Grading and Classification of Green Coffee

Grading and Classification

Green coffee is graded and classified for export with the ultimate aim of producing the best cup quality and thereby securing the highest price. However, there is no universal grading and classification system – each producing country has its own which it may also use to set (minimum) standards for export.

Grading and classification is usually based on some of the following criteria:  

  • Altitude and/or region
  • Botanical variety
  • Preparation (wet or dry process = washed or natural)
  • Bean size (screen size), sometimes also bean shape and cooler
  • Number of defects (imperfections)
  • Roast appearance and cup quality (flavor, characteristics, cleanliness…)
  • Density of the beans

Most grading and classification systems include (often very detailed) criteria, e.g. regarding permissible defects, which are not listed here. ‘The Origins’ Encyclopedia’ at is an example of a website which gives information on the export classification of coffees of most origins. Terminology on size and defects as used for classifications is also found at

The diversified classification terminology used in the trade is illustrated with a few examples below. It should be noted that descriptions such as ‘European preparation’ differ from one country to another. The examples refer primarily to the trade in mainstream coffee and do not reflect the often more detailed descriptions used for niche markets.

Brazil/Santos NY 2/3

Screen 17/18, fine roast, strictly soft, fine cup.

Brazil/Santos NY 3/4
Screen 14/16, good roast, strictly soft, good cup (often seen quoted as ‘Swedish preparation’).

Colombia Supremo screen 17/18
High grade type of washed arabica, screen 17 with max. 5% below. Often specified with further details.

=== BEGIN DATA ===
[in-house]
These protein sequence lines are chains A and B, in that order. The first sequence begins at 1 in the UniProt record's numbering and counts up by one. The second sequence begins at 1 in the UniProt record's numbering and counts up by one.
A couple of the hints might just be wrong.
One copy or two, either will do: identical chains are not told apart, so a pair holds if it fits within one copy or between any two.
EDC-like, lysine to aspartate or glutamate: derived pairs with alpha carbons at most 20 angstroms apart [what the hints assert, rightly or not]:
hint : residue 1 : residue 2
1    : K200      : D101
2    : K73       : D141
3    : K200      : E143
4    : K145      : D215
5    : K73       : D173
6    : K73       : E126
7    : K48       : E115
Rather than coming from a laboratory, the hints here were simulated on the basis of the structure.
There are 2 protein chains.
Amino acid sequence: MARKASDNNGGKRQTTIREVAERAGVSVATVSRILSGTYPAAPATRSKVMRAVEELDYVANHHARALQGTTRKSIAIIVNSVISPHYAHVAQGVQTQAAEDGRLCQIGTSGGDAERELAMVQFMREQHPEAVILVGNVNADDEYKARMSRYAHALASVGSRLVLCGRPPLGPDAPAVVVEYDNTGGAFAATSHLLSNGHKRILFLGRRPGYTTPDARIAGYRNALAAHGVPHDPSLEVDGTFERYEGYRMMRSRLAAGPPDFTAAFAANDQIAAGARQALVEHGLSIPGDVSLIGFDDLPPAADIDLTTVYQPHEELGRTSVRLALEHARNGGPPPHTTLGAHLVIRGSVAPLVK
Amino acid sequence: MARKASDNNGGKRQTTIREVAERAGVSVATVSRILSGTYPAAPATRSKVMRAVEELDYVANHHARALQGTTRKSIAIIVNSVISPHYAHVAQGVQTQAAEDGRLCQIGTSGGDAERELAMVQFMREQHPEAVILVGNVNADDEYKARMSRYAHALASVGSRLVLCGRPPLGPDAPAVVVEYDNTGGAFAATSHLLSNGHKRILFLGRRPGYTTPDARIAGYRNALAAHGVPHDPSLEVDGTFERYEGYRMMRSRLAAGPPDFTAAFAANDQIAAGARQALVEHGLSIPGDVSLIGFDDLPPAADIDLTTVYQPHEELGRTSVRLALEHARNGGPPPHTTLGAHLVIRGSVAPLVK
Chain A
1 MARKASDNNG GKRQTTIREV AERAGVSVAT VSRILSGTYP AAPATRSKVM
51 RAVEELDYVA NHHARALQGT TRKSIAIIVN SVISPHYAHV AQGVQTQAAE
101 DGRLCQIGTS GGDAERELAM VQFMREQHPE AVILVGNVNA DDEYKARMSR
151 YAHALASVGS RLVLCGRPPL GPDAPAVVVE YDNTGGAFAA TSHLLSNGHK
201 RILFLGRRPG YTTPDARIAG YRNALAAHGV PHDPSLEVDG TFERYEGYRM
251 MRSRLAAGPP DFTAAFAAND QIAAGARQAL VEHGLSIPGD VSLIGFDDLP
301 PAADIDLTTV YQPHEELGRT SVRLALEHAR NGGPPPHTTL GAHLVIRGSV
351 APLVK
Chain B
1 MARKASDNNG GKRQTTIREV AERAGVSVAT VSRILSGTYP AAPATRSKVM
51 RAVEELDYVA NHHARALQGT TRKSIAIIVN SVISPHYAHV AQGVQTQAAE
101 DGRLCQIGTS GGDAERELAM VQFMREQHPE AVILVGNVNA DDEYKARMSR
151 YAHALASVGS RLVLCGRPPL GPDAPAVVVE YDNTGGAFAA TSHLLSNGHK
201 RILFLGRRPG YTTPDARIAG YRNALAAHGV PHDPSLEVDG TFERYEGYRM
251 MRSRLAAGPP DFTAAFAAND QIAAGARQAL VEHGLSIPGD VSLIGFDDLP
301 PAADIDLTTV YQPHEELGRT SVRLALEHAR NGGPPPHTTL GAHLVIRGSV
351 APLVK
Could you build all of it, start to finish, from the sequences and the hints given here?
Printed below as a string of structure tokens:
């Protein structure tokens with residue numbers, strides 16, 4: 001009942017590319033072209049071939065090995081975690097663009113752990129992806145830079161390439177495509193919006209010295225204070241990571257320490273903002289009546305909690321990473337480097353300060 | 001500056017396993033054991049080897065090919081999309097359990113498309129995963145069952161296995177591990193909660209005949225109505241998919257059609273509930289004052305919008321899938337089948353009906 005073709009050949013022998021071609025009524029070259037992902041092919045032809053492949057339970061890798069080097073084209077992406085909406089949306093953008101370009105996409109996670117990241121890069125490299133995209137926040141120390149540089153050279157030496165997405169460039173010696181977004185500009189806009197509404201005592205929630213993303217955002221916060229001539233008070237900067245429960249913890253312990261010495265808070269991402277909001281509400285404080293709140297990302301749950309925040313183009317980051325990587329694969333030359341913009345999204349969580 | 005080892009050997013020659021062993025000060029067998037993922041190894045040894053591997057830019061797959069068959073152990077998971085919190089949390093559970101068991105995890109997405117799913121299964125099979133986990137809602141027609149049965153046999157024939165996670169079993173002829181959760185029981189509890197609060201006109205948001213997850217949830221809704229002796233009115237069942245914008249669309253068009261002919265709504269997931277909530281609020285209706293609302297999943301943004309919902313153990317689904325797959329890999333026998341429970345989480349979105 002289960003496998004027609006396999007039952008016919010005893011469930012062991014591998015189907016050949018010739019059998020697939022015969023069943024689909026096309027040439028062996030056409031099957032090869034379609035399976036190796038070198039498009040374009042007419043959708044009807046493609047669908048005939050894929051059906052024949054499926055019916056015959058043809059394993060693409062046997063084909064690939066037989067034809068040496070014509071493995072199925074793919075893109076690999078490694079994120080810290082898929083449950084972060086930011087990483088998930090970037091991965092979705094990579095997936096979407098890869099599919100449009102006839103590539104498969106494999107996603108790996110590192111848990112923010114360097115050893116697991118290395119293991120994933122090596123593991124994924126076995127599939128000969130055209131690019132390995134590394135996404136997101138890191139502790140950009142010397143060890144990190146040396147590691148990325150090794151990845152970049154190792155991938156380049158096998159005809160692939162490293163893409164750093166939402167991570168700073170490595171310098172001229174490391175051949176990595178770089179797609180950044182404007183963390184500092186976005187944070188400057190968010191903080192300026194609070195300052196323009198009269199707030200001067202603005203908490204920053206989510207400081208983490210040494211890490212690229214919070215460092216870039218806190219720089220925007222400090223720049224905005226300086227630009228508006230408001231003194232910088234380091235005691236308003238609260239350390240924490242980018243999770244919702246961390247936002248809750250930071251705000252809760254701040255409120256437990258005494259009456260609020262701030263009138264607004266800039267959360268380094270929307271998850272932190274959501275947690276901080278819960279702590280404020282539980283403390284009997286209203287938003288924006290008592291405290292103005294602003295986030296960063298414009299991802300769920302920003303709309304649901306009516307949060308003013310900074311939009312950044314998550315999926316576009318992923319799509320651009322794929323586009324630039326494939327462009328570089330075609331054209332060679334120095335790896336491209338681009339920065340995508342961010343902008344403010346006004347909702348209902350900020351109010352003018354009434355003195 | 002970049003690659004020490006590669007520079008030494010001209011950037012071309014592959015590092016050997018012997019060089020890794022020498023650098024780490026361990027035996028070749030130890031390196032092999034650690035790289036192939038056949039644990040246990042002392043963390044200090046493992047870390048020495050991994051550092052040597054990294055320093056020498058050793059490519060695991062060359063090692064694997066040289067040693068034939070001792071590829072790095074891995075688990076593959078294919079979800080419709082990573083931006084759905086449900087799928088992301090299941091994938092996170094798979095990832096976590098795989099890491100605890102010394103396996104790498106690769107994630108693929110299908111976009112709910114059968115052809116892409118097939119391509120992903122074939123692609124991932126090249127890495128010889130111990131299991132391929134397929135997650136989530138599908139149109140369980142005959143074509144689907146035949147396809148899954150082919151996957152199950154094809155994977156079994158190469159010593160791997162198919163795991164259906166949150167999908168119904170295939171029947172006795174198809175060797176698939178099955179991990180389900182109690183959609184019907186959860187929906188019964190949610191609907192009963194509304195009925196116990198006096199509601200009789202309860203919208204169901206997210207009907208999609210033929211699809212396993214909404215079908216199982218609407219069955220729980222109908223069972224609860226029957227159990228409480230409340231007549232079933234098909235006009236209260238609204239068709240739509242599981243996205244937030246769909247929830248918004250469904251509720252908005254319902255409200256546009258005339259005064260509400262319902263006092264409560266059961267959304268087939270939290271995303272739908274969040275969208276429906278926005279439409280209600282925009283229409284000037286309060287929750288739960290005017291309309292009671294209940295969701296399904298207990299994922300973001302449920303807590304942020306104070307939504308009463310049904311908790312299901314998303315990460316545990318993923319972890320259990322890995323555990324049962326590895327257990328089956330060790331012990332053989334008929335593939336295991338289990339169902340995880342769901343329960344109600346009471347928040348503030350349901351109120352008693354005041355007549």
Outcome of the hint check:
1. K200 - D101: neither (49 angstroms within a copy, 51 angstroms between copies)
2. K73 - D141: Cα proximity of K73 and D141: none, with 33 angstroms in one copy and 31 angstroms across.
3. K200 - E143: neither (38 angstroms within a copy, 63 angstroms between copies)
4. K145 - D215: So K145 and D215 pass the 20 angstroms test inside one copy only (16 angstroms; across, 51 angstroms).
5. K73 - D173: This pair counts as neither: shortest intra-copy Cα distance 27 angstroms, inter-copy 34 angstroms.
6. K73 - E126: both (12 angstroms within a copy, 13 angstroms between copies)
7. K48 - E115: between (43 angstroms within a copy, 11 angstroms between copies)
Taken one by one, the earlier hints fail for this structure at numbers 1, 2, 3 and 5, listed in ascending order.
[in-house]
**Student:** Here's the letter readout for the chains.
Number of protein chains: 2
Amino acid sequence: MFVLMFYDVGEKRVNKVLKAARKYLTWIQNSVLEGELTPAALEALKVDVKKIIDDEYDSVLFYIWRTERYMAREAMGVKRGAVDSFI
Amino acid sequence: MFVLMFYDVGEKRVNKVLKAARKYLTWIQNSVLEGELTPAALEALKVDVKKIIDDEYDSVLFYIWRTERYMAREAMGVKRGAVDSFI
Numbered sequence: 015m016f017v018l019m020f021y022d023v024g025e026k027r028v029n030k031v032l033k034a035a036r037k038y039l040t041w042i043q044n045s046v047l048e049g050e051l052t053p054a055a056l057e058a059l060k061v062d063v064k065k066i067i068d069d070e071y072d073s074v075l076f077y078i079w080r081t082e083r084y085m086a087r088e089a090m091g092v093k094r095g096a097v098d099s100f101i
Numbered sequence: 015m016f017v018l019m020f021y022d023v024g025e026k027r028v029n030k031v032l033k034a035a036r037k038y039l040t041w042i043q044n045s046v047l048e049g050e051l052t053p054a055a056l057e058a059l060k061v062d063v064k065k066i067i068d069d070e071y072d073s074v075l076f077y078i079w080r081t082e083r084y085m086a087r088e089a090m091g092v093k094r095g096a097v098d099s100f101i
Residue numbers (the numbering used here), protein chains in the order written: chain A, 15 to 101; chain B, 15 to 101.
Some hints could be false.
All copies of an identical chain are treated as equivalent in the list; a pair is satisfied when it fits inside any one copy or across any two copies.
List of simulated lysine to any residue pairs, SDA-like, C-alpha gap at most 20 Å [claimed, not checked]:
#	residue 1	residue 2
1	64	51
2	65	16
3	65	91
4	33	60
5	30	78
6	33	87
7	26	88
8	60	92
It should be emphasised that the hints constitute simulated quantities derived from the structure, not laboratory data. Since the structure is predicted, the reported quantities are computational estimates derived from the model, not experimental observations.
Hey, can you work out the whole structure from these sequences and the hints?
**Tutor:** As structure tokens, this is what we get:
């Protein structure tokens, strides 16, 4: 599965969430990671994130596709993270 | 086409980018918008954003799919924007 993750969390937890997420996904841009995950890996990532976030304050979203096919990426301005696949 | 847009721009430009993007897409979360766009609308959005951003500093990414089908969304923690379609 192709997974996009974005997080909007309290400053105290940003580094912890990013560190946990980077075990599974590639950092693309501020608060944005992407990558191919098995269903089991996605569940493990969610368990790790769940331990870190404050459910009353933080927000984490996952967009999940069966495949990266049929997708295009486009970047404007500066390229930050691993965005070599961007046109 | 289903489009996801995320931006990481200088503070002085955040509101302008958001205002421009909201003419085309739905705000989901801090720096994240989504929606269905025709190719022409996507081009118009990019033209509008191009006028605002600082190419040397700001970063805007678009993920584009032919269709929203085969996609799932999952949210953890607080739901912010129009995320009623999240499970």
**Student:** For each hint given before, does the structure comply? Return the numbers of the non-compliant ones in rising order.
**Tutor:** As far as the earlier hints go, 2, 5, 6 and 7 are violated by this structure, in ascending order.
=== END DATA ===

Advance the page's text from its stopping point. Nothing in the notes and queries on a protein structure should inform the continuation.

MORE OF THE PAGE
Côte d’Ivoire (Ivory Coast) Robusta Grade 2
Grade 2; scale is from 0 (best) to 4 based on screen size and defects.

El Salvador SHG EP max. 3/5 defects
Strictly High Grown (above 1,200 m on a scale which also includes High Grown from 900–1,200 m and Central Standard from 500–900 m). EP (European preparation) permits max. 3–5 defects per 1,000 beans according to some exporters, others indicate defects per 300 g.

Ethiopia Jimma 5
Sun-dried (i.e. natural) arabica from the Jimma region. Type 5 refers to a grading scale based on screen, defect count and cup quality.

Guatemala SHB EP Huehuetenango
Strictly Hard Bean is from above 1,400 m. Scale includes five altitude levels from below 900 m (Prime washed) to above 1,400 m. European preparation: above screen 15, allows max. 8 defects per 300 g (American preparation: above screen 14, allows 23 defects).

India Arabica Plantation A

Washed arabica, screen 17. Classification is PB, A, B and C. Other classifications apply to unwashed (naturals) and robusta.

Indonesia Robusta Grade 4
The export grade scale goes from 0 (best) to 6. Grade 4 allows 45–80 defects. Region or other details are sometimes specified as quality, e.g. EK-1 and EK-Special. Processing depends on the region (island.

Kenya AB FAQ even roast clean cup
Kenya arabica grade AB, fair average quality. Internal grading system (E, AA, AB, PB, C, TT and T) is based on bean size and density, further detailed by liquor quality into 10 classifications. Top cupping coffees are mostly sold on actual sample basis.

Mexico Prime Washed 
Euro prep
Prime Washed (prima lavado) from altitude between 600 m and 900 m, on a scale from 400 m to 1,400 m; Euro prep is retained by screen 17 and allows max. 15 defects per 300 g.

Papua New Guinea (PNG) Smallholder Y1-grade
Y1 is one of the grades on a scale covering bean size, defect count, color, odor, roast aspects and cup quality; AA, A, AB, B, C, PB, X, E, PSC, Y1, Y2 and T.

Viet Nam Robusta Grade 2 max. 5% blacks and broken

Grade 2 out of six grades: Special Grade and Grade 1 to 5, based on screen size and defects.

Descriptions are often supplemented with further details on moisture content, acceptable mix of bean types, bean size, etc.